Octopus plans fourth commercial property credit fund

The London firm hit its £500m hard-cap on predecessor fund CREDF III in June last year.

London-based real estate debt specialist Octopus Real Estate is planning the launch of its fourth commercial real estate debt fund, just over a year after hitting its £500 million hard-cap on its predecessor fund.

Octopus is aiming to market the fund to potential investors during the second half of the year before launching the Octopus Commercial Real Estate Debt Fund IV in the early part of 2024, Real Estate Capital Europe understands.

The firm has not set a definitive target raise for the fund at this stage, but it is understood it will target more than the £500 million raised for CREDF III. This would be in line with the firm’s previous fundraising, with each fund substantially larger than its predecessor.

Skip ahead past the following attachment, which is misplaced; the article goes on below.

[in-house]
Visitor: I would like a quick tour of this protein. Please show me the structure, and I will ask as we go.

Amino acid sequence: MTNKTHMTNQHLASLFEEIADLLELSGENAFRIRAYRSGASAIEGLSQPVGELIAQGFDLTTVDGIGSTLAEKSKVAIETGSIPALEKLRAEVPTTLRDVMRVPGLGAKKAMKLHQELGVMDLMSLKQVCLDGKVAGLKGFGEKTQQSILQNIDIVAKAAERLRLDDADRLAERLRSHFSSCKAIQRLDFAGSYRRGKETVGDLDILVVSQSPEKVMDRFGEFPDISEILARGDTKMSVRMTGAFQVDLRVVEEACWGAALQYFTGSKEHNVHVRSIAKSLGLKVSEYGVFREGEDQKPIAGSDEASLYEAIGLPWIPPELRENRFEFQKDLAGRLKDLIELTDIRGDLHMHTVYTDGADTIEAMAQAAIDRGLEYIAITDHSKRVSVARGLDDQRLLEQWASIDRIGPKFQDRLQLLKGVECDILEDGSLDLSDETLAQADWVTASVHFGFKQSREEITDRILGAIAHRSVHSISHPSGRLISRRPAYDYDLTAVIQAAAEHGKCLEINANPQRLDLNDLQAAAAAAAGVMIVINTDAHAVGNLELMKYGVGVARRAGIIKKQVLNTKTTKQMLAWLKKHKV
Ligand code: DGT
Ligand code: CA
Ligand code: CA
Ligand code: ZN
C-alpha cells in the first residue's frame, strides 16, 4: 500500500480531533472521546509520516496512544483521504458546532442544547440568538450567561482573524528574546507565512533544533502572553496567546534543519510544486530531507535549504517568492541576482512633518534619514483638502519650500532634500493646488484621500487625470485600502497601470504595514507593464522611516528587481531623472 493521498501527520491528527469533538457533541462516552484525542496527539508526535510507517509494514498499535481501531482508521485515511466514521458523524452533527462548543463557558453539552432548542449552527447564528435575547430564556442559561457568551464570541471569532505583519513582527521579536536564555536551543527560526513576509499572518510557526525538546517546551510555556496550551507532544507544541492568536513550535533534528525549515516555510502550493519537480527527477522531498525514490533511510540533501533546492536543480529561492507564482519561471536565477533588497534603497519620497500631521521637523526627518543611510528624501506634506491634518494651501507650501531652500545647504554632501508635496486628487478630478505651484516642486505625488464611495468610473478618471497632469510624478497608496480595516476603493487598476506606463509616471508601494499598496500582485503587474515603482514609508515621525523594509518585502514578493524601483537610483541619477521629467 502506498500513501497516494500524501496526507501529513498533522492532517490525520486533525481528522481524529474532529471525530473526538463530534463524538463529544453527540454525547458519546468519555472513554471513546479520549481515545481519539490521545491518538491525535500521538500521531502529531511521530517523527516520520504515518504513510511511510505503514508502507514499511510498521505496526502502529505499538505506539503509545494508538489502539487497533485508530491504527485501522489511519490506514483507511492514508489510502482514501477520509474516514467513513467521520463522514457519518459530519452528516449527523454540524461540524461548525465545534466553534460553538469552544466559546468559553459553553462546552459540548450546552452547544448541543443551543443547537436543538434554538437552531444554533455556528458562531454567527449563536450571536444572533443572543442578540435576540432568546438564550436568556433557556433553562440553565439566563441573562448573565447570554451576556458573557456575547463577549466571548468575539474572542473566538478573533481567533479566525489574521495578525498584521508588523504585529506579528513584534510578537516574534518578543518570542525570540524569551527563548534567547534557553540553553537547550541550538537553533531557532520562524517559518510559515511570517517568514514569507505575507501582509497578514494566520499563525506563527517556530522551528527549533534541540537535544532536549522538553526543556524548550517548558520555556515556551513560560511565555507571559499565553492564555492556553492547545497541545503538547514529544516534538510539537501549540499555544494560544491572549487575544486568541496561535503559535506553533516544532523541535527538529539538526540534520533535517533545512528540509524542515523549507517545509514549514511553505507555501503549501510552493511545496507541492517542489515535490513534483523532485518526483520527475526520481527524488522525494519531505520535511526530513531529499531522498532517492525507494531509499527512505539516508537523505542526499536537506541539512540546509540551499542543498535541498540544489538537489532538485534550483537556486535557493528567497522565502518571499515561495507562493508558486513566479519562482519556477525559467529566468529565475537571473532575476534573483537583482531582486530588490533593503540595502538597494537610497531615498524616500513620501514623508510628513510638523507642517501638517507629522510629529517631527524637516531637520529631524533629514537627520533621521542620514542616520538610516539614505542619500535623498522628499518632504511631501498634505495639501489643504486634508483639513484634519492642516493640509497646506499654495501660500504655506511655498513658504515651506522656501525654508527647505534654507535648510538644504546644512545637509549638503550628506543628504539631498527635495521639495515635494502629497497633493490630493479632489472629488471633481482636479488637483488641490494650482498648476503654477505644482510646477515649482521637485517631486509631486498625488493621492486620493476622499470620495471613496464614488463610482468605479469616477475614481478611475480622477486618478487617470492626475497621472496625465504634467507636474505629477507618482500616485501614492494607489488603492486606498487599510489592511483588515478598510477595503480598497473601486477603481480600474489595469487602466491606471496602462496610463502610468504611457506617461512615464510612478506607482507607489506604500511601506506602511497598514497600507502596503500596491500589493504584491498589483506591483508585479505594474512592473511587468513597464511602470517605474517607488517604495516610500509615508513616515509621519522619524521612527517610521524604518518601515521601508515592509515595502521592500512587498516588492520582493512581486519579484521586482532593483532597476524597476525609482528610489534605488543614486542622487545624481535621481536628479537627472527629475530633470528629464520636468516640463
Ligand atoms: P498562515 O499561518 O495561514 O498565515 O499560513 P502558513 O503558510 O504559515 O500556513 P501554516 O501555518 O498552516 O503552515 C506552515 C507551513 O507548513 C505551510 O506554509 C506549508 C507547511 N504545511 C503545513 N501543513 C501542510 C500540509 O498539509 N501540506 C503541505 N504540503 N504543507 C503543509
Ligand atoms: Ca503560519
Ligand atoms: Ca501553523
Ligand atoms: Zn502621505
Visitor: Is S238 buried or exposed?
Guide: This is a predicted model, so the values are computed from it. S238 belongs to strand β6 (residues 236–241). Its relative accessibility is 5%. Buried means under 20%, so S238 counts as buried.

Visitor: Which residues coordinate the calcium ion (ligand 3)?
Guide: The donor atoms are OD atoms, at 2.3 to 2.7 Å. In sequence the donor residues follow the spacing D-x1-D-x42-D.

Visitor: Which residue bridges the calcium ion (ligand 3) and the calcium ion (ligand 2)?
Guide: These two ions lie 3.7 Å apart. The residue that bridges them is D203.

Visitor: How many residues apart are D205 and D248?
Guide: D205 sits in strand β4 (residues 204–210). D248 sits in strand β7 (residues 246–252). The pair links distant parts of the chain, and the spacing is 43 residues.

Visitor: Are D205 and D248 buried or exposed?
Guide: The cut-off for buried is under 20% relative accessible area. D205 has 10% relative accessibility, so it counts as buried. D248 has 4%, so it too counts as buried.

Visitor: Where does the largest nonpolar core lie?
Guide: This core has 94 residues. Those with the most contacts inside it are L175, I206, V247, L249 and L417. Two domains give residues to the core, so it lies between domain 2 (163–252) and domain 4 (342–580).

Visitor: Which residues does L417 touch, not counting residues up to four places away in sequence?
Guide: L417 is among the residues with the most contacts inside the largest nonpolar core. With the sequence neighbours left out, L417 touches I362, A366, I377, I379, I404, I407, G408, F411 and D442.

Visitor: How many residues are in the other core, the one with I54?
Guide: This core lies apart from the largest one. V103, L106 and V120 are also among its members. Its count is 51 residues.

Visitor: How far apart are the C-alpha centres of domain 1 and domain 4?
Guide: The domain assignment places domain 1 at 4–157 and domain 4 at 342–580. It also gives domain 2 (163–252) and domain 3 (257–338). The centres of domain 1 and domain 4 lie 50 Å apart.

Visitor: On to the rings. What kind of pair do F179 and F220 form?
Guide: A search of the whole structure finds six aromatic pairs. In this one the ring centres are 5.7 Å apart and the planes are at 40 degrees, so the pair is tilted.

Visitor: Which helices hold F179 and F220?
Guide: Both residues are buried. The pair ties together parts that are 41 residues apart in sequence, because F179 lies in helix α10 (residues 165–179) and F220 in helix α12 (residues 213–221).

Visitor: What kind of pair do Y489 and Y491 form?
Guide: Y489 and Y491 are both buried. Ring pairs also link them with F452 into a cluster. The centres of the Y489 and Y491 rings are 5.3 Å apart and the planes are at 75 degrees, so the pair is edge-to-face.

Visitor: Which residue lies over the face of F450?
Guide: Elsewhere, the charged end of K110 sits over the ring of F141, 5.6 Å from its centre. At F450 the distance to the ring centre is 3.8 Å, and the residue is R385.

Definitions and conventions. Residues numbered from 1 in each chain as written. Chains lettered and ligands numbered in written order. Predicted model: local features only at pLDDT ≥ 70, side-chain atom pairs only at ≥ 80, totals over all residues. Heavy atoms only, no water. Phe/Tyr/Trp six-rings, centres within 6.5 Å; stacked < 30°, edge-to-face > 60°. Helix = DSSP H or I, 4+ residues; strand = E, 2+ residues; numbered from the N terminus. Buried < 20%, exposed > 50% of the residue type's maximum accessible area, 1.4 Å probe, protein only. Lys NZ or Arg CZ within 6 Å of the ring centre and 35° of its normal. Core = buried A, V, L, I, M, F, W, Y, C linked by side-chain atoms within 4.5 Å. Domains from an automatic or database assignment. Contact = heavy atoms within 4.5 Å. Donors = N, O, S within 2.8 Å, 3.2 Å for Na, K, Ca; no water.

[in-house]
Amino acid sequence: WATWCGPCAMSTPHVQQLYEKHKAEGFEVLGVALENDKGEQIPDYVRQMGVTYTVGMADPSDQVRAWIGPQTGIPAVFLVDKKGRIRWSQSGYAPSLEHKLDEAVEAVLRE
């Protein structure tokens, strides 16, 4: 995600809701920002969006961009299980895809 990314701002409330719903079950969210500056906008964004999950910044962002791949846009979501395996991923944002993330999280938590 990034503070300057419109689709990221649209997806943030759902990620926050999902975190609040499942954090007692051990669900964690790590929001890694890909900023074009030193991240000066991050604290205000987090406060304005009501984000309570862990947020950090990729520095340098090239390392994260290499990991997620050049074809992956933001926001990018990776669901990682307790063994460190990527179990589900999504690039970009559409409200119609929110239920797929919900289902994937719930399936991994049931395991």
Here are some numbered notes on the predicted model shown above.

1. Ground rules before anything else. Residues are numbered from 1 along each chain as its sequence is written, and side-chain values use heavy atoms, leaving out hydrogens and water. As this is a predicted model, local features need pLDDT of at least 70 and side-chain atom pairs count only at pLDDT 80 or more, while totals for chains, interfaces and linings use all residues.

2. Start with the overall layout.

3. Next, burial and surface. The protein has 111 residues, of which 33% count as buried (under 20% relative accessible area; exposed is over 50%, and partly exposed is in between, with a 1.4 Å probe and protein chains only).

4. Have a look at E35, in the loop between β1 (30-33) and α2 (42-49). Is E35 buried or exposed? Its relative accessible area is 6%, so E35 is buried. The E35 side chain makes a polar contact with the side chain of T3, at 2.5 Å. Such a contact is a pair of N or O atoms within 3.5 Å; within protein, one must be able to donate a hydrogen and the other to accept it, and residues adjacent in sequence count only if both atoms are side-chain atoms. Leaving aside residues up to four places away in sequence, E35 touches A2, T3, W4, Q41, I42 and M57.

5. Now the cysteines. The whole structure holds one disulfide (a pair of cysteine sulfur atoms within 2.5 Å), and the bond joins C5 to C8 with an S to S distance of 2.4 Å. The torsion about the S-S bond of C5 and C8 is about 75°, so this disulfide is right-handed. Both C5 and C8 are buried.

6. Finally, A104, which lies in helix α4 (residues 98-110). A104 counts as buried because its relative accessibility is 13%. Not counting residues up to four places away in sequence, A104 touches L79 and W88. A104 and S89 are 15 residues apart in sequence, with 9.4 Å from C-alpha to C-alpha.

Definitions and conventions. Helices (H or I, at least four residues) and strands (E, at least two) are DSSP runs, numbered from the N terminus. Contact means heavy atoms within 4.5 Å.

In 2014, the firm closed its first debt fund, CREDF I, on £130 million. Octopus raised a further £35 million in 2016 through a sub-vehicle called CREDF-S. The firm’s second fund in the series, closed at its hard-cap of £230 million in 2018.

The firm’s funds have a five-year life, with a three-year investment period. It is understood the current fund’s investment period runs to July 2024.

Through the fourth fund, Octopus will aim to provide bridge financing to commercial real estate borrowers in the UK, with short-term loans between one and two years up to a maximum loan-to-value of 70 percent. The loans will provide sponsors with funds for acquisitions, refinancing of existing assets, or equity release.

In June 2022, the firm held a final close for CREDF III at its hard-cap of £500 million despite the difficult real estate landscape at the time. Ludo Mackenzie, head of commercial lending at Octopus Real Estate, said at the time: “We are delighted to hold a final close at our hard-cap despite the headwinds being faced in the capital markets.”

The London business has lent more than £6.2 billion across 4,400 loans throughout the UK, with loans typically ranging from £100,000 to £50 million.